If Marie Antoinette had not rebuffed the masses calling for bread but had laid on a tea like the one that Fiona MacLean and I enjoyed at Pont St, Belgravia, she might have kept her head.
The ‘let them eat cake’ afternoon tea is served in conjunction with Ruinart, a champagne house that was established well before the French Revolution. The tea is newly on offer in the restaurant at Belgraves Hotel. We arrived to find our table laid with gorgeous Wedgewood crockery and small, pretty boxes containing gourmet flavour pearls.
The maitre d’ explained that these were to accompany the flutes of Ruinart champagne she poured for us and then left us to ‘play with your champagne’. In no time we were scooping raspberry and rose flavoured pearls into our drinks.
We ordered our tea from a selection – I chose Jing English Breakfast (described as statuesque with plenty of structure and malty richness) while Fiona was more adventurous with Jing jasmine Silver Needle. Our beautiful pots were regularly refilled.
I let out a gasp when the nibbles arrived on a three tiered serving tower. I say nibbles, but in fact this was a vast tea and I doubted I would be able to do justice to it all despite having skipped lunch.
We ate the bottom tier first which contained the savoury items. Foie Gras on Brioche Toast had a lovely red onion relish, rich and tangy.
Smoked salmon on Pumpernickel is always a welcome sight on a tea tray.
More unusual was the Hollandaise Quail Egg Tartlet. I adore quail eggs and these were soft boiled and the delicious yolk mixed in the mouth with the hollandaise sauce, contrasting well with the crunchy, sweet pastry. A scattering of chives added an extra note of flavour. A lovely canapé.
Another favourite was the Cheese Ball with Quince which was elegantly served in a small angular dish. The cheese – goat I thought – was lightly fried and served on a sweet quince sauce. Really good.
A sizable platter of finger sandwiches followed. These were traditional and well executed on fresh bread – cucumber, cheese and pickle and, lastly, ham and mustard. I am not sure that these are the fillings with which Marie Antoinette would have been familiar, but they certainly would be part of any self-respecting afternoon tea in England.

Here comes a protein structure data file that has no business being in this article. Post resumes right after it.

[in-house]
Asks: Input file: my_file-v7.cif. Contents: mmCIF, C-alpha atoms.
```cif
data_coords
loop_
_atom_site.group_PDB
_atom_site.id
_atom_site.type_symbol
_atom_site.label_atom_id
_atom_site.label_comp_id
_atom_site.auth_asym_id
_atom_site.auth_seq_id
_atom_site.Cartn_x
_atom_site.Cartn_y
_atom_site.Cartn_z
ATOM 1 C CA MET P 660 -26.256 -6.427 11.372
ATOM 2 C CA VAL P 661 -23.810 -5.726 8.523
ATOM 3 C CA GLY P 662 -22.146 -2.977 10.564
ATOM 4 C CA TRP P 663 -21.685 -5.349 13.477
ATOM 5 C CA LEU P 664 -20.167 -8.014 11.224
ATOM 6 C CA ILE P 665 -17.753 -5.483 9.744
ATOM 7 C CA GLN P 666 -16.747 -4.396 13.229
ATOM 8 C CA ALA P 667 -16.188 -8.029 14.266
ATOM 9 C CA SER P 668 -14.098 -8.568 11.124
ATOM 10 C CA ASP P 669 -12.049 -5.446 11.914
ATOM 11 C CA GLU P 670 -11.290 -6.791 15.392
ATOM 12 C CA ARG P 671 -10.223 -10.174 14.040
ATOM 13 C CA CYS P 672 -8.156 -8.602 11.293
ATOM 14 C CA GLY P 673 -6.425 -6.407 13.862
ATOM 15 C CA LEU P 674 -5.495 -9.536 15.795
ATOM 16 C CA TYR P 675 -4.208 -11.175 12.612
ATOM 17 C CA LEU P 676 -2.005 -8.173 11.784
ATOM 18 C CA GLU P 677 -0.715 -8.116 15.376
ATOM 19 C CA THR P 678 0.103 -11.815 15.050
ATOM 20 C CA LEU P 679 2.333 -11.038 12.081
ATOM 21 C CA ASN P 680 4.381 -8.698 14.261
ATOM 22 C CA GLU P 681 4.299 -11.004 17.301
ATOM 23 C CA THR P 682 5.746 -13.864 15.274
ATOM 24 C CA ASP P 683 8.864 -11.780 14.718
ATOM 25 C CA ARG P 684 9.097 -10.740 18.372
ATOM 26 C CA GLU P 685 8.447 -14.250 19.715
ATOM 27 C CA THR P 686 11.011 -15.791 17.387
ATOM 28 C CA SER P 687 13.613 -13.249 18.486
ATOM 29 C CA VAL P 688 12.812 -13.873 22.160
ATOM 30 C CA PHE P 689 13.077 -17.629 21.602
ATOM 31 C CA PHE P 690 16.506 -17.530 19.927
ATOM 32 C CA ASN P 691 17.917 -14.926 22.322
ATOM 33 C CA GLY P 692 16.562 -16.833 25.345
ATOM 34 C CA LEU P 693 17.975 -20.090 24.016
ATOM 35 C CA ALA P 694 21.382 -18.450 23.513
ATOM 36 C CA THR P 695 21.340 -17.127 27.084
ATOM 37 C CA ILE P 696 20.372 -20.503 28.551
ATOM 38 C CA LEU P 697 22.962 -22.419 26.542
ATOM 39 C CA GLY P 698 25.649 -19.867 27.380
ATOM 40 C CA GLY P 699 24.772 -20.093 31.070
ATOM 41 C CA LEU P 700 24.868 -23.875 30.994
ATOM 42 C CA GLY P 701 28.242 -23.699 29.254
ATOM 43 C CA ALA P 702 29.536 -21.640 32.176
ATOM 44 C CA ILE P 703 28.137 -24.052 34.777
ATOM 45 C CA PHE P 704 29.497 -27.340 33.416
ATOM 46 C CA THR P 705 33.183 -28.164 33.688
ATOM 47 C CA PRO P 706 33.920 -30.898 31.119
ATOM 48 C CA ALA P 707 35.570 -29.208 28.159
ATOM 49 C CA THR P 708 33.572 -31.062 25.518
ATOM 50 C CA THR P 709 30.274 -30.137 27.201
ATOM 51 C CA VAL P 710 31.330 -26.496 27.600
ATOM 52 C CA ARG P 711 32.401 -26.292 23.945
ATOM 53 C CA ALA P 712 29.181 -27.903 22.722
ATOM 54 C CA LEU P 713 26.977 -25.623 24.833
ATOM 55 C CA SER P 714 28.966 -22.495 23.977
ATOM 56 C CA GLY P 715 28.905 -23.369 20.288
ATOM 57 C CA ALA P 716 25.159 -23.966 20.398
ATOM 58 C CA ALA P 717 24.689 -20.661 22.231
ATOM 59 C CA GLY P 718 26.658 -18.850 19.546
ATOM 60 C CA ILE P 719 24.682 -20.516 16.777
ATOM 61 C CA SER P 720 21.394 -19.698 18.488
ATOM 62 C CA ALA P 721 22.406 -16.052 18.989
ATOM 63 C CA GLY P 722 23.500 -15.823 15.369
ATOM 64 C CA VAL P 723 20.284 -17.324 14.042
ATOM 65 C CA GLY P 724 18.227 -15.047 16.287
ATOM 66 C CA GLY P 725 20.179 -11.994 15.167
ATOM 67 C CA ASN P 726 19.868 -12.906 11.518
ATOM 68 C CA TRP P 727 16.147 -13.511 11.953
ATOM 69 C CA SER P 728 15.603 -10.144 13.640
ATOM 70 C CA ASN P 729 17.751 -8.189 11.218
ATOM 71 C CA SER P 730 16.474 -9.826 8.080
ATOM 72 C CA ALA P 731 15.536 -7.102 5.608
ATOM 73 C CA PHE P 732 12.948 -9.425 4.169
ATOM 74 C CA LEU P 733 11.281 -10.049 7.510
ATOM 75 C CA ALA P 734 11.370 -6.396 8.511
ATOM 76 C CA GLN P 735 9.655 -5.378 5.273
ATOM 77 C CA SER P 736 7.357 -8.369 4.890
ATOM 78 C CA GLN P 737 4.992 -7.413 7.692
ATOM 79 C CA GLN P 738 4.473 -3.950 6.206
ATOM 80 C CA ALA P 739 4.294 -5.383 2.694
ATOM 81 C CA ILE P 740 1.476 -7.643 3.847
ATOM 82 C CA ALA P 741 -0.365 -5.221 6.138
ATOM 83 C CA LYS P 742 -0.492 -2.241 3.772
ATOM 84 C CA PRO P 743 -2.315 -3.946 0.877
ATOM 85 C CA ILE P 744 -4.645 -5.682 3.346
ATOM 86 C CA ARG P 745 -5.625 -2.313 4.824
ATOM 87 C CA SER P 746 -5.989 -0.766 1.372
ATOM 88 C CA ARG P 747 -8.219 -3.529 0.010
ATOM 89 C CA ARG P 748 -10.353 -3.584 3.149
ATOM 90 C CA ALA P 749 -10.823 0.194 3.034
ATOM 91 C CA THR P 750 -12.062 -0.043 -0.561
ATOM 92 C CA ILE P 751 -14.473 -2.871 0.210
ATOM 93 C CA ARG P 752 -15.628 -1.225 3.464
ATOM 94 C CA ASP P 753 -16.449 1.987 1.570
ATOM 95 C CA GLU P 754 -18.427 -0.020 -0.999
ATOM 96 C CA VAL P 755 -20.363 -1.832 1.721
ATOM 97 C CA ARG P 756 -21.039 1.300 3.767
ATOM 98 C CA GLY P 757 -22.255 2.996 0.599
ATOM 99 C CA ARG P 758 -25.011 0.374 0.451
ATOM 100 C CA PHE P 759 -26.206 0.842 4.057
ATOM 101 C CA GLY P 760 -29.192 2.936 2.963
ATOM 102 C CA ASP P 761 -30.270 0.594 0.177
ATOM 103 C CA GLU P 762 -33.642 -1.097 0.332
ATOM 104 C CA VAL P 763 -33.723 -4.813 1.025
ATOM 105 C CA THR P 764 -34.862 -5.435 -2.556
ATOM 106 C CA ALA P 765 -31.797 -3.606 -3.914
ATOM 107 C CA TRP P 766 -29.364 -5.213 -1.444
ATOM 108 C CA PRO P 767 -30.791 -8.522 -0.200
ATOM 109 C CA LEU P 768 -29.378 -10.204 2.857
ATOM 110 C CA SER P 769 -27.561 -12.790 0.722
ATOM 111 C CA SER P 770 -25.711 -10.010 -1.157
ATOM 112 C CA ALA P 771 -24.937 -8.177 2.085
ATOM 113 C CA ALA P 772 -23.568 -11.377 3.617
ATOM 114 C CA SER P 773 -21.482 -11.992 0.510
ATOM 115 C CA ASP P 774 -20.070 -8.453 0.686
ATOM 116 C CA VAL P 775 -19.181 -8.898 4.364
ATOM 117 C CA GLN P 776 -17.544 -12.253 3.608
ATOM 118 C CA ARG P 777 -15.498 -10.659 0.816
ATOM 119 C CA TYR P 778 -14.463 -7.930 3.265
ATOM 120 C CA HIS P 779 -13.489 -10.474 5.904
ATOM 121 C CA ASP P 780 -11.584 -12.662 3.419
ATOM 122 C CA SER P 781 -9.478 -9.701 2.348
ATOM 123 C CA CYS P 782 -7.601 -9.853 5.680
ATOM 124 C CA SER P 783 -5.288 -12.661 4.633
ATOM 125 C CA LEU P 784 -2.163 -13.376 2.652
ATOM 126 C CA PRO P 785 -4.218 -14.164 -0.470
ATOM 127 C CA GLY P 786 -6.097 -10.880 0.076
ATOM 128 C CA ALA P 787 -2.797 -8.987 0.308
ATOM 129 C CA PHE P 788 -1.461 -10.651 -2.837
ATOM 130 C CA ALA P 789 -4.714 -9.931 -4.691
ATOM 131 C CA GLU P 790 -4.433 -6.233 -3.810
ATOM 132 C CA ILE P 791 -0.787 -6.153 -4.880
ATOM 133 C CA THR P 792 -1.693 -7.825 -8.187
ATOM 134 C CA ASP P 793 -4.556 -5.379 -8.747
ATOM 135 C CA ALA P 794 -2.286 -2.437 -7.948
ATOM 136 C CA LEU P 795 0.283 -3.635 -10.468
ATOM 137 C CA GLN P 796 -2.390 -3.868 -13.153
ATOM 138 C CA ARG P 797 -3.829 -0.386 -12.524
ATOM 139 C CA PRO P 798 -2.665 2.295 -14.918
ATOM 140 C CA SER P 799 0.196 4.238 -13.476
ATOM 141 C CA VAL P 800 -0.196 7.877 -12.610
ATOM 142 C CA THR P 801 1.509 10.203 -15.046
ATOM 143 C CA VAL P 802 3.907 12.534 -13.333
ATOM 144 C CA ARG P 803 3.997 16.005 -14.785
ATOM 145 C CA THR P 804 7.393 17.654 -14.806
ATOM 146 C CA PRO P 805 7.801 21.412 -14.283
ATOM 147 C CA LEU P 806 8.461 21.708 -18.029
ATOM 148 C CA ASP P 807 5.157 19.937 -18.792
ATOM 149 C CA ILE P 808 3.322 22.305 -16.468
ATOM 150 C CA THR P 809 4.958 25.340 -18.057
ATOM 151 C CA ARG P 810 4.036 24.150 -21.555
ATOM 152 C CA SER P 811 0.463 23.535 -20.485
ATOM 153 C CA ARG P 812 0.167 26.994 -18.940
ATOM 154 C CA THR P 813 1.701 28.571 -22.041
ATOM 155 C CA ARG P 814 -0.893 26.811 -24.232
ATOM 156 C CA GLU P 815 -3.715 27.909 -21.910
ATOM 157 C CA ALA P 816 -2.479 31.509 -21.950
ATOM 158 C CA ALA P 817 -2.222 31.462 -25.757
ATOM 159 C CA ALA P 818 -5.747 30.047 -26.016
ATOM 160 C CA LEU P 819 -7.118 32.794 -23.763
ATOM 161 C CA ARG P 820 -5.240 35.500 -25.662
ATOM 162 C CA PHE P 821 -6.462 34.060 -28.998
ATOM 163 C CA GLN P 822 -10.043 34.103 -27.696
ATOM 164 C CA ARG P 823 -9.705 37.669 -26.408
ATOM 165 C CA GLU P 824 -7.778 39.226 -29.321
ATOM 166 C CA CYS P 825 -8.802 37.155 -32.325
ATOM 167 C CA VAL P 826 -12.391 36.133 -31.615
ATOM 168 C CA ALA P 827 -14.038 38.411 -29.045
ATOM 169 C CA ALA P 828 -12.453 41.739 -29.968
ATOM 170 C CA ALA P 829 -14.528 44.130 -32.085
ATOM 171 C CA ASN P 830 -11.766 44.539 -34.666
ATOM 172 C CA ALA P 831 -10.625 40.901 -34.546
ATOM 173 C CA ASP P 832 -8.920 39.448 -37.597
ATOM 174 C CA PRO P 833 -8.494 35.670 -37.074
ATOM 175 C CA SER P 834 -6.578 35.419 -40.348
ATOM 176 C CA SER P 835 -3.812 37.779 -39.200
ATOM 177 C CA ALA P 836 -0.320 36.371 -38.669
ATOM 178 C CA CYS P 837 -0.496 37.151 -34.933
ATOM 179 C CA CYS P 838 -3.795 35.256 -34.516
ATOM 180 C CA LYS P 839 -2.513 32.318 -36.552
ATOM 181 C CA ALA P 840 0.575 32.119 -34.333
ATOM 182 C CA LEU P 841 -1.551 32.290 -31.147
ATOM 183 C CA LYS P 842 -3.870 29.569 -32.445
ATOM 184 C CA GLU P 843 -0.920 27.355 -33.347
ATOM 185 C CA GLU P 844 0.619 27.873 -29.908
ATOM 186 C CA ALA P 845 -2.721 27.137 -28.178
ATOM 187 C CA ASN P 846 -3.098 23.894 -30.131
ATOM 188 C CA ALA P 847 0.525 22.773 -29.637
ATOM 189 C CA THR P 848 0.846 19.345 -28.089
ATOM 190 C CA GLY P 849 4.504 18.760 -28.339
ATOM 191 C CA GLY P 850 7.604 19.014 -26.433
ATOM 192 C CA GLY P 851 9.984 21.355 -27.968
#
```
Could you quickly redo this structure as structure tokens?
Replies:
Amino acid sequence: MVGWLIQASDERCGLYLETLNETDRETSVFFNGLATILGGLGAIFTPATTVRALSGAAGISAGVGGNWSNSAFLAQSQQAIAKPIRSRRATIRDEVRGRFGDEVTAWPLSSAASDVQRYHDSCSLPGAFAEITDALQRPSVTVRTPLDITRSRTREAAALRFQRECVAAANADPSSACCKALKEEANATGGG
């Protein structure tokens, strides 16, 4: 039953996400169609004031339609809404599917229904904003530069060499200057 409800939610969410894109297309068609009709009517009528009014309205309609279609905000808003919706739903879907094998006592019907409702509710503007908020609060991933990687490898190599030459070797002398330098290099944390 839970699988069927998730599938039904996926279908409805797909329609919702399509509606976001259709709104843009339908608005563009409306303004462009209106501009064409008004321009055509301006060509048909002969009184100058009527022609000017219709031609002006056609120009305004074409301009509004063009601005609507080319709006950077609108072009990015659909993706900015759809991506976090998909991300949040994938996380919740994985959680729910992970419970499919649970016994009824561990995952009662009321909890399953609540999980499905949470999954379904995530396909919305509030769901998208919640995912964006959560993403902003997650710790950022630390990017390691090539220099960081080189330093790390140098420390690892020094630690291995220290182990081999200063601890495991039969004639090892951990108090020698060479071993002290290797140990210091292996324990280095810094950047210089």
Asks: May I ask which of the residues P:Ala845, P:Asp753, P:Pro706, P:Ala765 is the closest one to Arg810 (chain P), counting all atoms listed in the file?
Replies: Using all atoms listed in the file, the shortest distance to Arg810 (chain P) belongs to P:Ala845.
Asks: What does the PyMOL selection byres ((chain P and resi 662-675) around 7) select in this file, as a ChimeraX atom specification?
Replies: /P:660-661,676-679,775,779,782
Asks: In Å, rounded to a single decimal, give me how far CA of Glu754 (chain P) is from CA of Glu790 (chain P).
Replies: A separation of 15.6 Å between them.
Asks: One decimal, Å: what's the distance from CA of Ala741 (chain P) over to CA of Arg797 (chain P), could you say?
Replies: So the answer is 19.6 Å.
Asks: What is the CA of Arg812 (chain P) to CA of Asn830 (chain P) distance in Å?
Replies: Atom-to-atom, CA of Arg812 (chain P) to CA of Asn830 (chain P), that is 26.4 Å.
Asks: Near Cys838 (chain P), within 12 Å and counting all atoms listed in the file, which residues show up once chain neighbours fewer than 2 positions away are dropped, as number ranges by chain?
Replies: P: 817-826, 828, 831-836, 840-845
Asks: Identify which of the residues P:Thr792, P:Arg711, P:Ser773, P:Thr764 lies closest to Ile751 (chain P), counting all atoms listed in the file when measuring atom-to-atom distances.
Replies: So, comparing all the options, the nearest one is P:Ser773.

By now I was comfortably full but we still had another two tiers to eat our way through plus a platter of scones.
The scones were perhaps the least successful of the offerings, being small and rather crisp on the outside. For scone lovers, like me, this is an adaptation too far. Large and fluffy and just baked please.
Onward we went. Not having much of a sweet tooth, a bit of a liability on an afternoon tea outing, I found myself happily eating my way through the sugary offerings.
First up was a Fondant Fancy. This was a pretty in pink, square of light sponge encased inside a pastel icing. Topped with a rice paper rose, it was lovely to look like and to eat.
Continuing the pink theme we tried the Rose Macaroon which is certainly a treat that Marie Antoinette would have enjoyed and which I can never get enough of when in Paris.
Having completed the pinks, we moved on to the chocolate offerings. The Absinthe Choux, called a Religieuse in France, looked most impressive with delicately piped cream around the choux, along with chocolate decorations and topped with a pistachio. Biting into the light pastry released the absinthe crème pâtissière. A very pleasing few mouthfuls.
On to the Chocolate Opera Cake which reminded me of a tiramisu. Usually a slice of this cake would be enough for tea and I felt that by this stage I was not doing justice to each item.
We still had the top tier to try. First we ate the Champagne Lychee jelly with Rosewater Cream which looked very lovely in shot glasses.
We kept Marie Antoinette for last. A biscuit was transformed into a playing card with an edible transfer of the queen herself. A fitting end to a tea in her name.
This afternoon tea was very generous. It was pretty and feminine with nice touches like white linen napkins and good quality china. It is only a few minutes away from the major fashion hub of Sloane Street although I wonder how many of the patrons of those boutiques would allow any of these sweet treats past their lips.
My only complaint about the afternoon was having to go home as, having eaten enough to feed a family, I felt seriously in need of a lie down.
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